During a 10-minute address at a working lunch at the State Department, Kerry spoke warmly of the deepening relationship between the former foes but mentioned human rights just once, without elaboration.
“As we look ahead to the future of U.S.-Vietnam relations, we should remember that normalization could not have occurred without honest conversation, without candor between Washington and Hanoi, even on sensitive issues such as human rights,” he said. “And I am committed to building on this kind of frank and cooperative partnership that is essential to both of our countries.”
In his comments Sang, by contrast, did talk about human rights – defensively.
“Vietnam has been making sustained efforts to protect and promote human rights so that the people can benefit from the finest results of the reform process which is going on,” he said. “We’ve also made every effort to ensure the right of freedom of religion and belief as well as to maintain the diverse traditions of cultural values of the people.”
Sang alluded to Hanoi’s customary assertion that the West does not understand Vietnam’s particular environment. He referred in the context of human rights to the “distinct cultural and historical circumstances” in the two countries, and his expectation that discussions on religious-related issues would help Americans to have a “better understanding about the real situation in Vietnam.”
Sang, who is scheduled to meet President Obama at the White House on Thursday, is only the second Vietnamese president to visit the U.S. since the countries normalized relations in 1995.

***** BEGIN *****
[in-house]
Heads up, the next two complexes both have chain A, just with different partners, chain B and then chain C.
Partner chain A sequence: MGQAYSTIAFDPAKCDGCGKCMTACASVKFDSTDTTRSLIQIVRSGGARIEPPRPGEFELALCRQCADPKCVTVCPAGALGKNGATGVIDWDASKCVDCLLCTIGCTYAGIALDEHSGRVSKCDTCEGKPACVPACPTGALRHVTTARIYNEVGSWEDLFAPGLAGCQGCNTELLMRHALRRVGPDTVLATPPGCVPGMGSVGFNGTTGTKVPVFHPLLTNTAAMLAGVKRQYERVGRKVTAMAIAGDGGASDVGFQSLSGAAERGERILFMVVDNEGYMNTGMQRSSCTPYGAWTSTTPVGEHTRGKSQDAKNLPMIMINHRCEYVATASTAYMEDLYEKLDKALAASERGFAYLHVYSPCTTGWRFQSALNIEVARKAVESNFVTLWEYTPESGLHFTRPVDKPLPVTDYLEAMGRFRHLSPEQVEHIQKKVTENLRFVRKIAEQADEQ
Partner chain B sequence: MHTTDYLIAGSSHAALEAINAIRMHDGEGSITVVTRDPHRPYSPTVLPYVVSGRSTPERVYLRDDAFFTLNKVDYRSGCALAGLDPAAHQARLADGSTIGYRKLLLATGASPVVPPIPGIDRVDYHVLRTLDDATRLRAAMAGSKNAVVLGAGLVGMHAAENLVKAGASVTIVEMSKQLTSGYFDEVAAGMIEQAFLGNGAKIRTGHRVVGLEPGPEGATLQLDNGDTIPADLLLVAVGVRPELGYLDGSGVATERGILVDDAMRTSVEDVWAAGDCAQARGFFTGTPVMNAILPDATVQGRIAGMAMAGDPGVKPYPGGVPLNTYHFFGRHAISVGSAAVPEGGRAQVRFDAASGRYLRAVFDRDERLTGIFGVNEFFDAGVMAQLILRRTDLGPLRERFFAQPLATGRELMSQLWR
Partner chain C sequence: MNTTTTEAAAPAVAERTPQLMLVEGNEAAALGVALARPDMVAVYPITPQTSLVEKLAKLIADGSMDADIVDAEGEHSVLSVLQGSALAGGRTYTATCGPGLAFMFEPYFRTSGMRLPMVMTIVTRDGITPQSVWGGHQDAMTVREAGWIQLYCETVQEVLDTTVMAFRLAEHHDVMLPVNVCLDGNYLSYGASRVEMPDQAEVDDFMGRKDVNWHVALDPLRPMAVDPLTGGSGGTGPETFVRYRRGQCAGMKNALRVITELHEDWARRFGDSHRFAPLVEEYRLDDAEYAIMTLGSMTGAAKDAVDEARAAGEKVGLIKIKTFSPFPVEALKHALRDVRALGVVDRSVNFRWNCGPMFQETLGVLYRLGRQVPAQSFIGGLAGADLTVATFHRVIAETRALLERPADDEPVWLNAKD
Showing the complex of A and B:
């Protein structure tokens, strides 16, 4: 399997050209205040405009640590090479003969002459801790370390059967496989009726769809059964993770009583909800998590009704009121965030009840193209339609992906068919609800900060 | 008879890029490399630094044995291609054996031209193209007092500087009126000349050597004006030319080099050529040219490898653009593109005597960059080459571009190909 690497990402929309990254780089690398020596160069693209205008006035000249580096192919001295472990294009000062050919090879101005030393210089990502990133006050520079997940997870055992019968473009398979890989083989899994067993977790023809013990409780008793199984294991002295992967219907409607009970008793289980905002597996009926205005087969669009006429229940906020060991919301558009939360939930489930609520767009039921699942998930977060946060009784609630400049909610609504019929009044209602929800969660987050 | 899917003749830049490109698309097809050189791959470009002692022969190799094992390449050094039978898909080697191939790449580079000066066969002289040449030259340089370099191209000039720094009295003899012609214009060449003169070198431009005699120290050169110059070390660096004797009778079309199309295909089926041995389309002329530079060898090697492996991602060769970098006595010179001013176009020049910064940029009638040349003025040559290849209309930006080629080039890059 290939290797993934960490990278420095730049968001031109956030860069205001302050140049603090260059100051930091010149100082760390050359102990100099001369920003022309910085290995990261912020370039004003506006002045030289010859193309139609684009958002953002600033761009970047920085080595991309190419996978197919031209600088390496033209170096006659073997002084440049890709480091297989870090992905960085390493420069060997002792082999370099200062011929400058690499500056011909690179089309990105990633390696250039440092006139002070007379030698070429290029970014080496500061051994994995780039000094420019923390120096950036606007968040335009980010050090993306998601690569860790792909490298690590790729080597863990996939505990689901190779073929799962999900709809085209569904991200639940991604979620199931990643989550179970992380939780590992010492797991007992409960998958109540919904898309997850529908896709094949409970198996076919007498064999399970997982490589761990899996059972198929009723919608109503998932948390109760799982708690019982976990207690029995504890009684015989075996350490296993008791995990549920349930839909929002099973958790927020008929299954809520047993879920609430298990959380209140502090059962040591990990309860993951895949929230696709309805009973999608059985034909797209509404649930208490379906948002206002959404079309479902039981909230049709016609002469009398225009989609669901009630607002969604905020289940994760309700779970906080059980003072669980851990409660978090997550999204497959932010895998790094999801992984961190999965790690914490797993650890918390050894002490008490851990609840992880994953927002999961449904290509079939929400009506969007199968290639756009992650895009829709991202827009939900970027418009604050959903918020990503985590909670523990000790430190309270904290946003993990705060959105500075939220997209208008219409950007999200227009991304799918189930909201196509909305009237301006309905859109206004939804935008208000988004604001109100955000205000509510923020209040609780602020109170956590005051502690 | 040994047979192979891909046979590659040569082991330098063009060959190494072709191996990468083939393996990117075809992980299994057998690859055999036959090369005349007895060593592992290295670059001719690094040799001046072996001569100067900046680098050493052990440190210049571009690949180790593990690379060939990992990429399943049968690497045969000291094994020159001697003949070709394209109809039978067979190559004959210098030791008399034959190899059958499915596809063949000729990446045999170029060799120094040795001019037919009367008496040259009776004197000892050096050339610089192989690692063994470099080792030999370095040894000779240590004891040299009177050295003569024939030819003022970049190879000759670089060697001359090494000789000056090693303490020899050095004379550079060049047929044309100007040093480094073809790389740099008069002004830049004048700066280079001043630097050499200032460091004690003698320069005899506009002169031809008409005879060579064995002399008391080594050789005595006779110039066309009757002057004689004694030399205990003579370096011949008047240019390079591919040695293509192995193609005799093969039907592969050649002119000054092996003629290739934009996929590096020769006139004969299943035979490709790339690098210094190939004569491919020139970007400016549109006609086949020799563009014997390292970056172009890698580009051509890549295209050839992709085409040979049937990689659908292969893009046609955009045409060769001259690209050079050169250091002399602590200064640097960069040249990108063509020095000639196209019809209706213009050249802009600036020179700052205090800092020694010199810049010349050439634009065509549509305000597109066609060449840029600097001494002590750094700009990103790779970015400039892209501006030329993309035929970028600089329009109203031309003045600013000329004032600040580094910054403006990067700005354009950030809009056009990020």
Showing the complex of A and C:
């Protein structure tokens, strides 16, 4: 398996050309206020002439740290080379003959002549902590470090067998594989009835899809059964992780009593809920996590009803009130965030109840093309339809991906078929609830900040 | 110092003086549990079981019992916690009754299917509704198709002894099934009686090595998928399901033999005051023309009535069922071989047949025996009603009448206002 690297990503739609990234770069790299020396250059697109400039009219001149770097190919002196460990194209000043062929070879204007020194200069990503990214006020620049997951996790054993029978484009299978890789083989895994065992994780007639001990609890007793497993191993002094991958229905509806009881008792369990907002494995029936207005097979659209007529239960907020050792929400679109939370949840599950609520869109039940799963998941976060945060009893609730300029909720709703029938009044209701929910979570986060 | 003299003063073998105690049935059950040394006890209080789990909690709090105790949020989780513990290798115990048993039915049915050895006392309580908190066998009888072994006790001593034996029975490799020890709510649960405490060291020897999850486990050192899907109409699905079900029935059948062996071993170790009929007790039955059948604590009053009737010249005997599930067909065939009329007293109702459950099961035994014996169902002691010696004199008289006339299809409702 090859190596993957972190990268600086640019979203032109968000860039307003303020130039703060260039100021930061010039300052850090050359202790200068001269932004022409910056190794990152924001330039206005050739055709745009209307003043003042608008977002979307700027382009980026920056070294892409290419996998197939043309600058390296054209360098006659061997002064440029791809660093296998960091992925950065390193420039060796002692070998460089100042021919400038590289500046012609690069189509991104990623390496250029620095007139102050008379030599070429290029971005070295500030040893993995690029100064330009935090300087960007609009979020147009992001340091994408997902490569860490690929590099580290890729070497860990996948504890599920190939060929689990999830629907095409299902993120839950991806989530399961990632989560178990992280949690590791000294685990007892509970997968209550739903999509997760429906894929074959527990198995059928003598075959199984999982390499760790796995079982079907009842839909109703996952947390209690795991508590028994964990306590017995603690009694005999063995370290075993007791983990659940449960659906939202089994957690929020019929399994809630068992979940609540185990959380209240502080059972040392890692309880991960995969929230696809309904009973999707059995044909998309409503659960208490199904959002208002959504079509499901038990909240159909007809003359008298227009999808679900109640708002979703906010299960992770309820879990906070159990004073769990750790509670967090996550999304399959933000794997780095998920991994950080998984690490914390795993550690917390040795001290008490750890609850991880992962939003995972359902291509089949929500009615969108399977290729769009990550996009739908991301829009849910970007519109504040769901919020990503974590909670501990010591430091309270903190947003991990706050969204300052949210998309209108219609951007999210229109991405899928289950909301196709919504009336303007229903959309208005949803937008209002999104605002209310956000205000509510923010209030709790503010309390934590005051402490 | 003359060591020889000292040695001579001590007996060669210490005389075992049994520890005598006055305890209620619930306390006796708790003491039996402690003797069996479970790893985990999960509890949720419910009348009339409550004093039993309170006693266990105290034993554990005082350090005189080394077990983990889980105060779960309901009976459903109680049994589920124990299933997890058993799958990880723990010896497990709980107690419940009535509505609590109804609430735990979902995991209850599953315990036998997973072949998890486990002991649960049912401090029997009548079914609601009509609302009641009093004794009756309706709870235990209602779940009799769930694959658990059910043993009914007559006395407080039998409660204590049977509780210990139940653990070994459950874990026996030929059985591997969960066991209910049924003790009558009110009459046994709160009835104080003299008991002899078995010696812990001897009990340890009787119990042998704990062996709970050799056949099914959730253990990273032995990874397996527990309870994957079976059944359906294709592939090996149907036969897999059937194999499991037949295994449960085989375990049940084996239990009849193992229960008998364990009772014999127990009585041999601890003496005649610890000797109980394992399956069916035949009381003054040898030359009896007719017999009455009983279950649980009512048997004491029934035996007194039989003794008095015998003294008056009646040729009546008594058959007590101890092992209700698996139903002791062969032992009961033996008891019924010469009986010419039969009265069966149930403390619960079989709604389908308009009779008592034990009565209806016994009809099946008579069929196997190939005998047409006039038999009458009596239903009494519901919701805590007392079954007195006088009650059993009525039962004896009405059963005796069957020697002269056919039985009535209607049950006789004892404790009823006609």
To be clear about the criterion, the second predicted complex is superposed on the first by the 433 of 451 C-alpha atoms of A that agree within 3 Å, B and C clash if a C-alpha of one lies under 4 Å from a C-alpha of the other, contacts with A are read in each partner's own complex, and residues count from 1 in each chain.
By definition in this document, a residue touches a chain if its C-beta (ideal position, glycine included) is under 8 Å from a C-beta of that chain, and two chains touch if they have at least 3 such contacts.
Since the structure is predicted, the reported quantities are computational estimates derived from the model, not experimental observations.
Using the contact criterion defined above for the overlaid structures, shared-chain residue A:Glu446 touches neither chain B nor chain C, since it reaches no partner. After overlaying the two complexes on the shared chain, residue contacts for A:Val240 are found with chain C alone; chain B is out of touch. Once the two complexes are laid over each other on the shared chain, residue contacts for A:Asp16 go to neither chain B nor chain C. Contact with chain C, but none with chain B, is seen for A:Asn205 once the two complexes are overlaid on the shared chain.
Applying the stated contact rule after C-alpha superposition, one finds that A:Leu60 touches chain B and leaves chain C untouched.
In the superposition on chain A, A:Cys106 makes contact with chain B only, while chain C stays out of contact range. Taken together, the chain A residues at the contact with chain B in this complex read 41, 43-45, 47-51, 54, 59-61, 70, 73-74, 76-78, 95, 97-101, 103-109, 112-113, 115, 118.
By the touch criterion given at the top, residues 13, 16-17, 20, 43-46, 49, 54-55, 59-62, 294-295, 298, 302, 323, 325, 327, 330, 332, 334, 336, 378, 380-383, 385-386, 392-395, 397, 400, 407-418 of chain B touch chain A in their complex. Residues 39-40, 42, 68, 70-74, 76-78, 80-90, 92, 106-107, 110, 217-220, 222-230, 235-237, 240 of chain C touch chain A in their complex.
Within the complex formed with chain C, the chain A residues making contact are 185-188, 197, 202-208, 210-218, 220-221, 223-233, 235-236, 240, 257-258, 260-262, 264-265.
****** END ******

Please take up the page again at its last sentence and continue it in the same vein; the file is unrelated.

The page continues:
Calls for the administration to spotlight human rights during his visit have come from lawmakers of both parties, human rights groups, labor organizations, media freedom watchdogs and religious freedom advocates.
Kerry, a Vietnam War veteran who became an antiwar activist, later played a key role in promoting a thaw in relations with Hanoi. He has a history of opposing measures linking aid to Vietnam to its human rights record – on one occasion using his position as chairman of a Senate Foreign Relations subcommittee to block legislation that had passed the House of Representatives by a 410-1 vote.
Much of Kerry’s speech looked back, and he commended Hanoi’s cooperation in efforts to track Americans missing in action from the Vietnam War.
“They helped us to search for a few thousand of our sons even as a larger number of theirs were missing. They voluntarily dug up their own rice paddies in order to help us try to answer questions,” he recalled.
“They let us into their homes; they let us into their history houses. They let us into their prisons, unannounced on occasion, to interview prisoners. And they actually tolerated helicopters flying in the hamlets, as they once did in a different fashion, in order to inquire of citizens, to answer the questions that had not been answered for so many years.”
Kerry concluded his remarks by noting parallels in his own resume and that of his Vietnamese guest: Kerry joined the U.S. Navy in 1966, the same year Sang joined the Communist Party of Vietnam; in 1969 Kerry was “in the Mekong Delta at war,” while Sang “became a guerrilla leader” south of Saigon; in 1984 Kerry was elected to the U.S. Senate, while Sang “took on major responsibilities in Vietnam, ultimately becoming the mayor of Ho Chi Minh City [formerly Saigon] and so forth.”